Yesterday was a historical day for GM, Chevrolet, the Corvette, and the millions of C6 fans the world over. At 8:04 AM on February 28th, 2013, the final sixth-generation Corvette rolled off of the Bowling Green, Kentucky assembly line. It’s a bittersweet time for both the employees, and Corvette fans.

For the autoworkers, it’s like they’re losing a friend. Once you’ve built a countless amount of cars over the course of eight years, you begin to develop a sense of connection and attachment with the cars you build. It’s a passion and love you develop, even if you’re not really a car person.

The final Vette was not a standard version either, but instead, a 60th Anniversary 427 convertible.  The 427 packs none other than the Z06’s LS7 with 505 HP, Arctic White paint, special wheels, commemorative badging, and a Blue Diamond leather-wrapped interior with suede-microfiber accents.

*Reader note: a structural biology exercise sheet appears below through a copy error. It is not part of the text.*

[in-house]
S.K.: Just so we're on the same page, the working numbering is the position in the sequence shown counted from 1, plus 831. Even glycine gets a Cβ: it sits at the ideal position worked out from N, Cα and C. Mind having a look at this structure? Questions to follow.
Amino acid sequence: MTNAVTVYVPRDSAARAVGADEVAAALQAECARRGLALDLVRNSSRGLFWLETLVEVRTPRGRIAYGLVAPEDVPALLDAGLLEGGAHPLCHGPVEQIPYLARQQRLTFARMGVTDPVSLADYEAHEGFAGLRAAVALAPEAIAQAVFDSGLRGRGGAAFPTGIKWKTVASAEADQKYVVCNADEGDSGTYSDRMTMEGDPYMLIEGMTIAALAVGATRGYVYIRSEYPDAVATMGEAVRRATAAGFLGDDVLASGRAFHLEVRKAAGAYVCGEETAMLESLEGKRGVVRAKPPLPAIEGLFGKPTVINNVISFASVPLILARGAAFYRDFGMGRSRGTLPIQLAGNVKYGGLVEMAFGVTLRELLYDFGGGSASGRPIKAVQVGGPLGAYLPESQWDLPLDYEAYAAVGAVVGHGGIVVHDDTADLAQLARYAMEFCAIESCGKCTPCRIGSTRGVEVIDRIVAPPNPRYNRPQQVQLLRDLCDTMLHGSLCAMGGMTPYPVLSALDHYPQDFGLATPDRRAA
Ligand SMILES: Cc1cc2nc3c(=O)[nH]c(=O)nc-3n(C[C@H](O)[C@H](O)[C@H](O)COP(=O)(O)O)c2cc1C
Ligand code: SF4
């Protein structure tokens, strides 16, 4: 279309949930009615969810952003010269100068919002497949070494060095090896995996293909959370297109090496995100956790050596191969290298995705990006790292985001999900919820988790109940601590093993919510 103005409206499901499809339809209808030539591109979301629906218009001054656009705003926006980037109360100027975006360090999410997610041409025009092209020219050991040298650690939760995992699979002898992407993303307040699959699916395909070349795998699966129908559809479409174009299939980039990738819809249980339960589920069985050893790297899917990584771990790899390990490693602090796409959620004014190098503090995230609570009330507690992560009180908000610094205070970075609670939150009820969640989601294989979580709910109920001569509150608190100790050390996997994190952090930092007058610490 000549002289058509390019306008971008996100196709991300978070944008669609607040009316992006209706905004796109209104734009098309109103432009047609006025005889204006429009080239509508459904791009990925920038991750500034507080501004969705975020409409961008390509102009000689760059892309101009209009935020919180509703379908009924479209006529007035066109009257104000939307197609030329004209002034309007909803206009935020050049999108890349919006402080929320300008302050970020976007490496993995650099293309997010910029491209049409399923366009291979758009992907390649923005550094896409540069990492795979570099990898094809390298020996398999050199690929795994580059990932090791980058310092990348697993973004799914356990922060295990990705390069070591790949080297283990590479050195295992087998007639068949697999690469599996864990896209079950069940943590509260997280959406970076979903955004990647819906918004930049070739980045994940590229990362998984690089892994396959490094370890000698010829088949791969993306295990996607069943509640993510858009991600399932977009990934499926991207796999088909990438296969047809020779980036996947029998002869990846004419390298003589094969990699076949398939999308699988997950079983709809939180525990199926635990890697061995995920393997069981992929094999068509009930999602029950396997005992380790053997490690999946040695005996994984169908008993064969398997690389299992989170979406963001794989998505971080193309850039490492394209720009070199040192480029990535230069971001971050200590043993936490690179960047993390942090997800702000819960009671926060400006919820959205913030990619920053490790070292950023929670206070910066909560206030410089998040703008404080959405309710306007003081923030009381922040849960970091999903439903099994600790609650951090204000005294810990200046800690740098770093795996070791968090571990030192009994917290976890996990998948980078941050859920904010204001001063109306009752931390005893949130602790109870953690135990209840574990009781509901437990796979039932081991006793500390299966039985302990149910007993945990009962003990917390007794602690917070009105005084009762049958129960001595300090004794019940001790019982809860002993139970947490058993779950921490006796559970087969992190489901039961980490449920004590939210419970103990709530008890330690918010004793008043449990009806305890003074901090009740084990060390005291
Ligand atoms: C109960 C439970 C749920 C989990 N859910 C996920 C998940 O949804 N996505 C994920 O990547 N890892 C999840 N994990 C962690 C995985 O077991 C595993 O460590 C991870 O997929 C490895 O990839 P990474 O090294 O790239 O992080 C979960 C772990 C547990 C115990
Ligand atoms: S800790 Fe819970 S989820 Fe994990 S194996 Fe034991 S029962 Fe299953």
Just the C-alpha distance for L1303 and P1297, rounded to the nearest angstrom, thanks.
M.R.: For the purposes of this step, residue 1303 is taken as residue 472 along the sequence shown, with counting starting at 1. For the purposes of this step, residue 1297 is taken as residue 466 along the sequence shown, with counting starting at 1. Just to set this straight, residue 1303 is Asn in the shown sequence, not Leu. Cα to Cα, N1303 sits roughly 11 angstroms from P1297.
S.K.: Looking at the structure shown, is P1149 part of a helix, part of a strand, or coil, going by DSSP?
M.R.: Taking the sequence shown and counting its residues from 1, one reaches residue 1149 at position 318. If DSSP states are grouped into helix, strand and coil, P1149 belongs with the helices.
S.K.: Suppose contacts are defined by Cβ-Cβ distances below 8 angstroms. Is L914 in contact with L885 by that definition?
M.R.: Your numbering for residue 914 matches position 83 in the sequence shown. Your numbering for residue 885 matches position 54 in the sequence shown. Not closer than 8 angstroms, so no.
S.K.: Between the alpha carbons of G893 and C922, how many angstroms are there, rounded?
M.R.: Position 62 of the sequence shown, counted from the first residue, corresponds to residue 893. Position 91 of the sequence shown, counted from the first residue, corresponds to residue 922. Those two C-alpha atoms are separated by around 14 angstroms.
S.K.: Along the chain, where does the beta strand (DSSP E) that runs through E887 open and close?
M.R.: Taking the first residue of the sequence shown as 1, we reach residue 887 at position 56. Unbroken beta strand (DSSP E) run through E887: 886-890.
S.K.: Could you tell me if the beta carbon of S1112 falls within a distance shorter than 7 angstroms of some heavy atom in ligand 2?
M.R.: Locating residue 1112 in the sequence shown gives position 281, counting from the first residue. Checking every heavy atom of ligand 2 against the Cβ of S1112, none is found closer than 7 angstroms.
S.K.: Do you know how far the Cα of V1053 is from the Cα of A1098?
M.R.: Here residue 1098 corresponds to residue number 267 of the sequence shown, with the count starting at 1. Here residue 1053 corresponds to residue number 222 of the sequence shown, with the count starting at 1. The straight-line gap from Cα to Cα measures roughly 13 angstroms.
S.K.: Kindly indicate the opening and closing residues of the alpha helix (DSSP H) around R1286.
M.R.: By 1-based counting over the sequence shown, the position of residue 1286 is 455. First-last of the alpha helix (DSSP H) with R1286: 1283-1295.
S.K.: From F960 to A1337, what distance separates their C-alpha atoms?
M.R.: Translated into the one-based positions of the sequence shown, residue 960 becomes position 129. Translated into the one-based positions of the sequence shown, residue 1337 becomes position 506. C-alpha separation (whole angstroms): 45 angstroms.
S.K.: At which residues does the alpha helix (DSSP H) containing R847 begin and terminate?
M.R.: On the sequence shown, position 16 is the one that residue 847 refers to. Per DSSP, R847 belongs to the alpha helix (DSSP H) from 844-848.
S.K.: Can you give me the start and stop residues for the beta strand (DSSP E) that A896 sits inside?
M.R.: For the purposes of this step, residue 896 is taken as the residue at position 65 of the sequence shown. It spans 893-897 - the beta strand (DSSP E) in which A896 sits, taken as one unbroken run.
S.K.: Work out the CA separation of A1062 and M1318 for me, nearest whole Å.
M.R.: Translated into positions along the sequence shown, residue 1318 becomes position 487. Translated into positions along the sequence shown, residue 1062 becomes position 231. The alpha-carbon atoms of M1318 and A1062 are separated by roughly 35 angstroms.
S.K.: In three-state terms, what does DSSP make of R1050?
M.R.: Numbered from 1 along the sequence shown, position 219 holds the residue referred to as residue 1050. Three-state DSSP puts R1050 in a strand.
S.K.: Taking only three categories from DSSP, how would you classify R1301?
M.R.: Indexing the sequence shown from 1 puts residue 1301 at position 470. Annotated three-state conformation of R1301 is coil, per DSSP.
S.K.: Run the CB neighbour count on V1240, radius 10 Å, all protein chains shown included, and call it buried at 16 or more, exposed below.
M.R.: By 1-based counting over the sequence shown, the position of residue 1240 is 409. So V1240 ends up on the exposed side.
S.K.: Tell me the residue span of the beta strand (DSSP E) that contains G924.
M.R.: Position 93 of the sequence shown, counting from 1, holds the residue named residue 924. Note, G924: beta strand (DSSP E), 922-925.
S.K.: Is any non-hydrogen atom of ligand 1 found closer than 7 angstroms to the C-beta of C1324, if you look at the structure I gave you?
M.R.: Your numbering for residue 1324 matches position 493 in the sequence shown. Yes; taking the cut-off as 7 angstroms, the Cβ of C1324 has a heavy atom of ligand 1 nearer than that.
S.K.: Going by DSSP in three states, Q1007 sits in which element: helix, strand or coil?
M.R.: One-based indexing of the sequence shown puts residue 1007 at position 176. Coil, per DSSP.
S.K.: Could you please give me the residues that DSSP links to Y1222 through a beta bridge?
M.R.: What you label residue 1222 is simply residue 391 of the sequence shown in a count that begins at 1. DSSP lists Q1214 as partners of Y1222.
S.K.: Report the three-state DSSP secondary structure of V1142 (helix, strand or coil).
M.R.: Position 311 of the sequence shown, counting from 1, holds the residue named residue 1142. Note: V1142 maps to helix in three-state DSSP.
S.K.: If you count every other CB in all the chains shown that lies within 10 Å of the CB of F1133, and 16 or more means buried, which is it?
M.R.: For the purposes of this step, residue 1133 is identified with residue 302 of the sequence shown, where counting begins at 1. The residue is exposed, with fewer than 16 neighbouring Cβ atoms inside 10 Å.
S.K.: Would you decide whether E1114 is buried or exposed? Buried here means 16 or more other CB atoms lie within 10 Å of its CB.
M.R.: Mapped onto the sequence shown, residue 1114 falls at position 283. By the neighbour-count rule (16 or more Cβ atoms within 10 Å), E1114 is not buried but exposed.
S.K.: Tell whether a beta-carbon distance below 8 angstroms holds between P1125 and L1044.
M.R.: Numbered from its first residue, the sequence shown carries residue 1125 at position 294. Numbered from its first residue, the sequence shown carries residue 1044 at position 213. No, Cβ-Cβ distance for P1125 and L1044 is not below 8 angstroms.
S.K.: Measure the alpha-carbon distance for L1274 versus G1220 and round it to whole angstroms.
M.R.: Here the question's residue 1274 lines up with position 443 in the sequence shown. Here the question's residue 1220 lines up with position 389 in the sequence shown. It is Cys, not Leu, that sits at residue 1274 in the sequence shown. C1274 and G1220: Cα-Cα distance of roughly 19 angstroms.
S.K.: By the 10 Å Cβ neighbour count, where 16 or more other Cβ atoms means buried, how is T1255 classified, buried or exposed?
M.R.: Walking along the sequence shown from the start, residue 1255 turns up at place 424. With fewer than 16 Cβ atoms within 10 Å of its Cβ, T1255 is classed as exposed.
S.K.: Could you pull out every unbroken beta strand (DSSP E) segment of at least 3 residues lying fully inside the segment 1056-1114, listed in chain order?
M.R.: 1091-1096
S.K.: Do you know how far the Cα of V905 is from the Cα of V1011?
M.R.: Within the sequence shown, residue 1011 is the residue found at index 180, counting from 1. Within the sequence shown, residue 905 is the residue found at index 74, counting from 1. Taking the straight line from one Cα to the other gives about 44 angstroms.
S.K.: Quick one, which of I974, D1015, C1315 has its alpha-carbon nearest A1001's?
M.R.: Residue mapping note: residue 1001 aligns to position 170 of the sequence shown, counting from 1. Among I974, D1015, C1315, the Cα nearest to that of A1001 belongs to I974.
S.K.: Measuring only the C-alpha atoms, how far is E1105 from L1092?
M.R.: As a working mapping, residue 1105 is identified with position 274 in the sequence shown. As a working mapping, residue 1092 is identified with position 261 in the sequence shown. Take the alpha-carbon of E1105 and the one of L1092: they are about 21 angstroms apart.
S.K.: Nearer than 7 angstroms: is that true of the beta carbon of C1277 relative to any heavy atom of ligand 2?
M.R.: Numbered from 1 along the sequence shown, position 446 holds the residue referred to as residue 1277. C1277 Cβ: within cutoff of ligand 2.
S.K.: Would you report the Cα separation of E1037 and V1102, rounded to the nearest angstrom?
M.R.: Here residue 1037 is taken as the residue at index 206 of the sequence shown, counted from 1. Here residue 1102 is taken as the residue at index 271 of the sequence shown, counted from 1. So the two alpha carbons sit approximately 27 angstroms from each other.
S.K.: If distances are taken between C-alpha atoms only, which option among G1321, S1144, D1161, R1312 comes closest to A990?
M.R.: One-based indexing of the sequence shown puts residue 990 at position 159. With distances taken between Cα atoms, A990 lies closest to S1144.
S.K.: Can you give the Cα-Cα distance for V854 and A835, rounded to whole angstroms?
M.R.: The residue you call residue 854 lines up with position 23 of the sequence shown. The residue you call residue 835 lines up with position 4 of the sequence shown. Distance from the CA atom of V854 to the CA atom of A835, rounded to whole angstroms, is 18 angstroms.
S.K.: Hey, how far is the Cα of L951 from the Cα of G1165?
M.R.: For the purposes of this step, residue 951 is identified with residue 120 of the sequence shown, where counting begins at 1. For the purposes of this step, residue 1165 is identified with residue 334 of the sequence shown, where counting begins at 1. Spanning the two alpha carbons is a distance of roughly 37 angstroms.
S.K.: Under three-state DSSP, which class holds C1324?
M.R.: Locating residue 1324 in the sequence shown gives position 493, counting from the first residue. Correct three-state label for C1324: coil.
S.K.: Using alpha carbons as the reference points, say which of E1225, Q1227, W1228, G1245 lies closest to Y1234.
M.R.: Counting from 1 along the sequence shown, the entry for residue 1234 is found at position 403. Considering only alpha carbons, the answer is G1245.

It’s not going to be shipped to a dealership, and it’s not going to Barrett-Jackson to be sold for 14 trillion dollars to somebody with more cash and ego than common sense. No, this sweetheart is staying with GM, and will become a mainstay in their Heritage Collection In Warren, Michigan. 

According to the Corvette Museum blog, a total of 215,100 C6 Corvettes have been built since 2005. With the new C7 about to hit dealerships in a few months, you can bet that C6’s will become slightly more affordable on the secondhand market. While we are quite the huge fans of the now defunct C6, we’re looking to the future with high hopes of what Corvette generation 7 will bring.